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Bigfoot at the Moose

Researcher describes sighting, vendors demonstrate products at Adirondack Outdoorsman Show

February 17, 2013
By JOHN BORGOLINI , The Leader Herald

JOHNSTOWN - Late one August evening in 1976, police officer Brian Gosselin was monitoring radar in the woods around Whitehall, in Washington County.

Suddenly, Gosselin's brother Paul and a friend pulled up in a vehicle. They told Gosselin they had just seen an 8-foot-tall creature that they believed to be the ever-elusive "Bigfoot."

Gosselin recounted this tale throughout the day Saturday for visitors to his organization's booth at the Eighth Annual Adirondack Outdoorsman Show at the Johnstown Moose Club. He was one of several featured guests at the event, which attracted visitors from around the region.

Article Photos

The Eighth Annual Adirondack Outdoorsman Show began Saturday in Johnstown. Here, Larry Schmiedel of East Worcester, Otsego County, holds a reverse-limb crossbow at the event as Tom Poyhe, right, of the New York Crossbow Coalition, assists him.

Gosselin, representing the Northern Sasquatch Research Society, recalled how on that night in 1976, his father, Sgt. Wilfred Gosselin of the Whitehall Police Department, called local police, a Washington County sheriff's deputy and state police to the scene.

The responders watched a "big, tall creature" - not a bear and not a man, he said - walk 500 to 600 yards through the hedgerow off the road.

"My father told me that he saw something out there that does not belong here," Gosselin said Saturday. "I believe my dad. My father was a big-time authority. I said, 'Come on dad, tell me what you saw.' He said, 'We all saw it.'"

The next night, Gosselin said, he went back to the hedgerow with a state trooper. Gosselin was in his vehicle at the bottom of the hedgerow while the trooper parked near a hayfield about 750 feet away.

He said the two were talking back and forth on their radios for 45 minutes when the trooper asked, "Did you hear that?" Both officers heard a limb cracking. The state trooper began cursing, drove right past Gosselin and didn't stop until he was no longer in sight.

Gosselin thought the officer was playing a joke on him. He got out of his vehicle and heard what sounded like a large creature in the brush. He turned on his million-watt spotlight and saw an 8-foot-tall creature with dark black and reddish hair cover its eyes and let out a deep-toned scream, he said.

"My life flashed before my eyes," he said. "A billion thoughts [in a split second] ... I'm seeing something that doesn't exist, yet there it is, right in front of me."

For the next five minutes, Gosselin said, he watched the creature turn and walk 1,000 feet up the hedgerow and disappear over the ridge.

The two-day Adirondack Outdoorsman Show is scheduled to continue today from 10 a.m. to 5 p.m. at the Johnstown Moose Family Center on South Comrie Avenue. On Saturday, it attracted more than a thousand visitors from all over New York and even Canada, Maine and Alaska.

The vendors and attractions included hunting groups, a world-record-holding fisherman, gun enthusiasts, an interactive crossbow booth and all things outdoors.

Gosseli's booth and the Parker Company Bows booths garnered a lot of attention on Saturday, and when other vendors weren't talking to interested guests, they were sharing their love for the outdoors with each other.

Richard Stanton of Lake Ontario Sport Fishing in Auburn said he enjoys coming to these events to see what other vendors have to offer, and he said New York state has everything you could ever want from the outdoors.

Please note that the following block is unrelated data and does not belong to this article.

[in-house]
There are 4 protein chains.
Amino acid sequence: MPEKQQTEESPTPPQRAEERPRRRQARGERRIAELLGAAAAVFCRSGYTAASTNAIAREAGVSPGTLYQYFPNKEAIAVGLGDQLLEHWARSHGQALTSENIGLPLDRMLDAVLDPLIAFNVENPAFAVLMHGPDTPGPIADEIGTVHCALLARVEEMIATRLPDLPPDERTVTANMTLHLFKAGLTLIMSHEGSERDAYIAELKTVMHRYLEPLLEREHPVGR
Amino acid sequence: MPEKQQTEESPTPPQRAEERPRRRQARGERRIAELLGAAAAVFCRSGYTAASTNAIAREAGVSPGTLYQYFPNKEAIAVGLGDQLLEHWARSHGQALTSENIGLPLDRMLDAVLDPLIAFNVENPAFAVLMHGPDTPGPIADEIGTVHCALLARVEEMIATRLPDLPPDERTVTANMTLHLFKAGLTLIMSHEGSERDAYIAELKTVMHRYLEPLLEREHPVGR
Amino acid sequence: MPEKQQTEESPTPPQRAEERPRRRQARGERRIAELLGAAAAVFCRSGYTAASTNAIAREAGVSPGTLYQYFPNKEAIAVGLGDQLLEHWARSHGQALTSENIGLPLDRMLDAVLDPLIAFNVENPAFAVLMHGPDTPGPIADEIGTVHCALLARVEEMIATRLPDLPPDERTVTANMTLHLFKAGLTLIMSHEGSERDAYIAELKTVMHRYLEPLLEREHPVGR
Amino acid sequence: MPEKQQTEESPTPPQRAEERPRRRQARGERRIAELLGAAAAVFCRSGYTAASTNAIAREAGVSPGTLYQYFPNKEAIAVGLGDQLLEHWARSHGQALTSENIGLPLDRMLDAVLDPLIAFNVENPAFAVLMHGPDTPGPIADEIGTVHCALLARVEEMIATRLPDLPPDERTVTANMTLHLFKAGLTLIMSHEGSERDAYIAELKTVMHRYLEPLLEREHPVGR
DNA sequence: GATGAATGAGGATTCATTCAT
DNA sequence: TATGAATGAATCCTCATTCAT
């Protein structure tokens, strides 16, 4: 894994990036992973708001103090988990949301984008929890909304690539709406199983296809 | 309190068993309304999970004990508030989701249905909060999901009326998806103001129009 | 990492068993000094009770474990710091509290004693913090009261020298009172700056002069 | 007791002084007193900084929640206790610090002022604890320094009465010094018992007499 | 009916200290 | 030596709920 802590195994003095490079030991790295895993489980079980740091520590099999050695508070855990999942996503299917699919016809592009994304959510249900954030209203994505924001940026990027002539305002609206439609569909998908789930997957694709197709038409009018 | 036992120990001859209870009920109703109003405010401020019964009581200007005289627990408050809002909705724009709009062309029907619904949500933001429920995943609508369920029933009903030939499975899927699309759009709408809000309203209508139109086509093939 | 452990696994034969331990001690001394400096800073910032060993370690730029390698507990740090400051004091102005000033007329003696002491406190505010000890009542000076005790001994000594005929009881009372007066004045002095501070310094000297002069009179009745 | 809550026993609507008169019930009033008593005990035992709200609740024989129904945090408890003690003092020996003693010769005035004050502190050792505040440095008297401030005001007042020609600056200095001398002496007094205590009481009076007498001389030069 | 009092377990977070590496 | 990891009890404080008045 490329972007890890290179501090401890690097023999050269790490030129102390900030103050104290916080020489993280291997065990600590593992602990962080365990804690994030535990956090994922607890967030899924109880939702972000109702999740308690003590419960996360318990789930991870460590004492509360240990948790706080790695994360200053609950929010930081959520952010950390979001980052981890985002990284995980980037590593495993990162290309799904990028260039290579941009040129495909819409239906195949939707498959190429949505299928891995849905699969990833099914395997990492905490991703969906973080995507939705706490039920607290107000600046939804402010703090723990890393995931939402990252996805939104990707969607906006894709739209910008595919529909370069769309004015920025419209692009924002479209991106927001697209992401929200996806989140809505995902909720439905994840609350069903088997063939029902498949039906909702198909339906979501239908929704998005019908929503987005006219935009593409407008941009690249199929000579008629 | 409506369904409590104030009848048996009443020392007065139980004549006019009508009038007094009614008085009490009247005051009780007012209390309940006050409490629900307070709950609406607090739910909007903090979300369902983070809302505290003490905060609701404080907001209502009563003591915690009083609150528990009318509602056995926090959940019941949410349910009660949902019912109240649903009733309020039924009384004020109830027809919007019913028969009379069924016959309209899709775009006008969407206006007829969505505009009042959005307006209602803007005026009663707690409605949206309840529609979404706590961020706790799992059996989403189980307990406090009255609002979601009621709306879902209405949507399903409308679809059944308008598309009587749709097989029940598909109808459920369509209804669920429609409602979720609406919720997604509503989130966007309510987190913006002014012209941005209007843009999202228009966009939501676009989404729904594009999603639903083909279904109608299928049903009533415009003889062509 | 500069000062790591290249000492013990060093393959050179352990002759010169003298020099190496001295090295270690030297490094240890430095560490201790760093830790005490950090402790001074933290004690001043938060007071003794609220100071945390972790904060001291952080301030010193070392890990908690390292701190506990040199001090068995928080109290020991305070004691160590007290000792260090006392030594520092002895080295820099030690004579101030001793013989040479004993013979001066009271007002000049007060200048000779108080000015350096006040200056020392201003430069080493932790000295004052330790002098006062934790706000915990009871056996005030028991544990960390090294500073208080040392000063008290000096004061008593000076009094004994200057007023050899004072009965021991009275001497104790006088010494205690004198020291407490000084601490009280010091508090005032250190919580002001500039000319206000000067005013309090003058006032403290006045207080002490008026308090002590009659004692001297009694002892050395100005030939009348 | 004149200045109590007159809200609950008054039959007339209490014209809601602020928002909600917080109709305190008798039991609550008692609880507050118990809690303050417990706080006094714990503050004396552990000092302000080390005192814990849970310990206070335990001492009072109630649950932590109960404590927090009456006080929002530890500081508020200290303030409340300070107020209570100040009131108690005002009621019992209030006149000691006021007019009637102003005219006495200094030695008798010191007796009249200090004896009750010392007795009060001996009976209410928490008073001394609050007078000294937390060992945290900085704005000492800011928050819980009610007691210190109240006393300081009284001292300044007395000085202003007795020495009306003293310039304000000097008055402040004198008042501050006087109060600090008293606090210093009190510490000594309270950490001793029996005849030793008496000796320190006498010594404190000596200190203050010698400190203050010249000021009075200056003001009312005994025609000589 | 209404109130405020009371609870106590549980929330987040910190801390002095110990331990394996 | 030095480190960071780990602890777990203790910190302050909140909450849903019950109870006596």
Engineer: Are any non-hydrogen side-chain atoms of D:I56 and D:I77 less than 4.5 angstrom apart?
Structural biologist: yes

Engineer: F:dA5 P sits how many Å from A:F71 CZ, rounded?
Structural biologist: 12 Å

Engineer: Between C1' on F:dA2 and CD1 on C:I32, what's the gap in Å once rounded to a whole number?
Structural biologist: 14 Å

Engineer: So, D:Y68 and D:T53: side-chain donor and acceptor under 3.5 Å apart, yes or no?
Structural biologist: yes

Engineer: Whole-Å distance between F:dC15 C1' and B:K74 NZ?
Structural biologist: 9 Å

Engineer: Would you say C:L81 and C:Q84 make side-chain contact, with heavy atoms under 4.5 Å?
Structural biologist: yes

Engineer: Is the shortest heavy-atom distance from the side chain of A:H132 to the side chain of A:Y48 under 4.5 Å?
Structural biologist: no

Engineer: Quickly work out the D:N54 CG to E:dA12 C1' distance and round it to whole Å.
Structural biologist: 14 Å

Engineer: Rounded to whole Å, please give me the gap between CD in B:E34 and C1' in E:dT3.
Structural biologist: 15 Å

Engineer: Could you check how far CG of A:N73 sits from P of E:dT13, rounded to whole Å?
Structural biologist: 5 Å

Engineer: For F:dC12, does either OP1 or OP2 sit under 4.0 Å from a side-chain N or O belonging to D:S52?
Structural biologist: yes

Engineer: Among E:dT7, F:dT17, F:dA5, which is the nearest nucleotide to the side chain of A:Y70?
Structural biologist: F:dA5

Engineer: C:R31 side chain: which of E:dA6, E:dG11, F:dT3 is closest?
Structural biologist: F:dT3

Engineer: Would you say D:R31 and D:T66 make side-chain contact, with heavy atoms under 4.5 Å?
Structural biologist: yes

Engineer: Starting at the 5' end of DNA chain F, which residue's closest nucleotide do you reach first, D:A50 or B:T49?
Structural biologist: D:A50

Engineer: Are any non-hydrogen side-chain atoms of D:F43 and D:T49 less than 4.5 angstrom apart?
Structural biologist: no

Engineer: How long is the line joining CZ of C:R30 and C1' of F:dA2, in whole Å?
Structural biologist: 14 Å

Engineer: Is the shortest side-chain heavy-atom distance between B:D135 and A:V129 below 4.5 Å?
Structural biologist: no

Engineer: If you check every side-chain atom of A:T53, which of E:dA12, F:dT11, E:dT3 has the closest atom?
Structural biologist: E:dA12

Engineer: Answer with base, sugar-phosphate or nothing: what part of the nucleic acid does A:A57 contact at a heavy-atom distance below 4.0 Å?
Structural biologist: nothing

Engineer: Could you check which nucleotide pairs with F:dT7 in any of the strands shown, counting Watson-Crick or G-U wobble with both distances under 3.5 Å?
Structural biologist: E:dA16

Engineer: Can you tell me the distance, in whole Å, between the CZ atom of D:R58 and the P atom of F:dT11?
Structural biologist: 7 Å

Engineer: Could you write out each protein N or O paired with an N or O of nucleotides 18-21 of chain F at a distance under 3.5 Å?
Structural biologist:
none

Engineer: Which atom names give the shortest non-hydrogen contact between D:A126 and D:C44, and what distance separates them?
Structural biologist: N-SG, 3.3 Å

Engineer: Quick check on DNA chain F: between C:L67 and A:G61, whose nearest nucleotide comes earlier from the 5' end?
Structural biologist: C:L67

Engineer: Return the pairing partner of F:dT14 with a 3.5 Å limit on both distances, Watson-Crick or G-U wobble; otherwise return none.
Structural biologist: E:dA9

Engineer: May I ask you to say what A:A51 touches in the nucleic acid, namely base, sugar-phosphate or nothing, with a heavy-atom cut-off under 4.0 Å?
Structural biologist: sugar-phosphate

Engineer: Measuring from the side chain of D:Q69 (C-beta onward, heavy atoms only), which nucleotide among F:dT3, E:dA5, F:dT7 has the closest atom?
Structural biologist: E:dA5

"Hunting, fishing, hiking, camping - no matter what it may be, it's here," Stanton said. "No matter where you live in New York state, you have the best fresh-water fishing in the world at Lake Ontario. You have the Finger Lakes. You have the Adirondacks. Where can you go in the whole country and get all of this in one state? That's why I love it."

Ed Lugdon and Randy Hill drove 11 hours from Maine to staff an informational booth on hunting at this year's event after hearing about it during a trip to Peck's Lake in the summer of 2011.

Lugdon said he has had experience traveling through the state when he drove his daughter to Elmira College in the early 2000s.

"I was always impressed with this countryside," he said. "When you think New York, when you're not from New York, you think the city ... The people and the countryside are identical [to Maine's]."

Hill said the show was very-well run and he was impressed by how many people he saw.

Chuck Booker is a fisherman from Buffalo who holds 58 world records and said he doesn't normally attend this type of show, but he made an exception for this one. It was his first time in the area, and he said it was beautiful.

Mike Hauser, who organizes the event each year, said he understands that people can see some of the vendors on television, but it's a different experience when you meet them and discuss the outdoors with them face-to-face. And that's what draws people to the show each year.

"You can strike up a conversation with them and see it first-hand [here]," Hauser said. "That's the kind of interaction you're not going to get from watching it on television ... Where do I see the show going? I see myself continually fine-tuning and tweaking vendors - creating new and unique featured guests every year."

When the event continues today, visitors will be able to view and try out outdoors equipment, including a hands-on crossbow lesson.

Tickets cost $5 for adults and $1 for youths 15 and younger.

John Borgolini can be reached by email at ruralnews@leaderherald.com.

 
 

 

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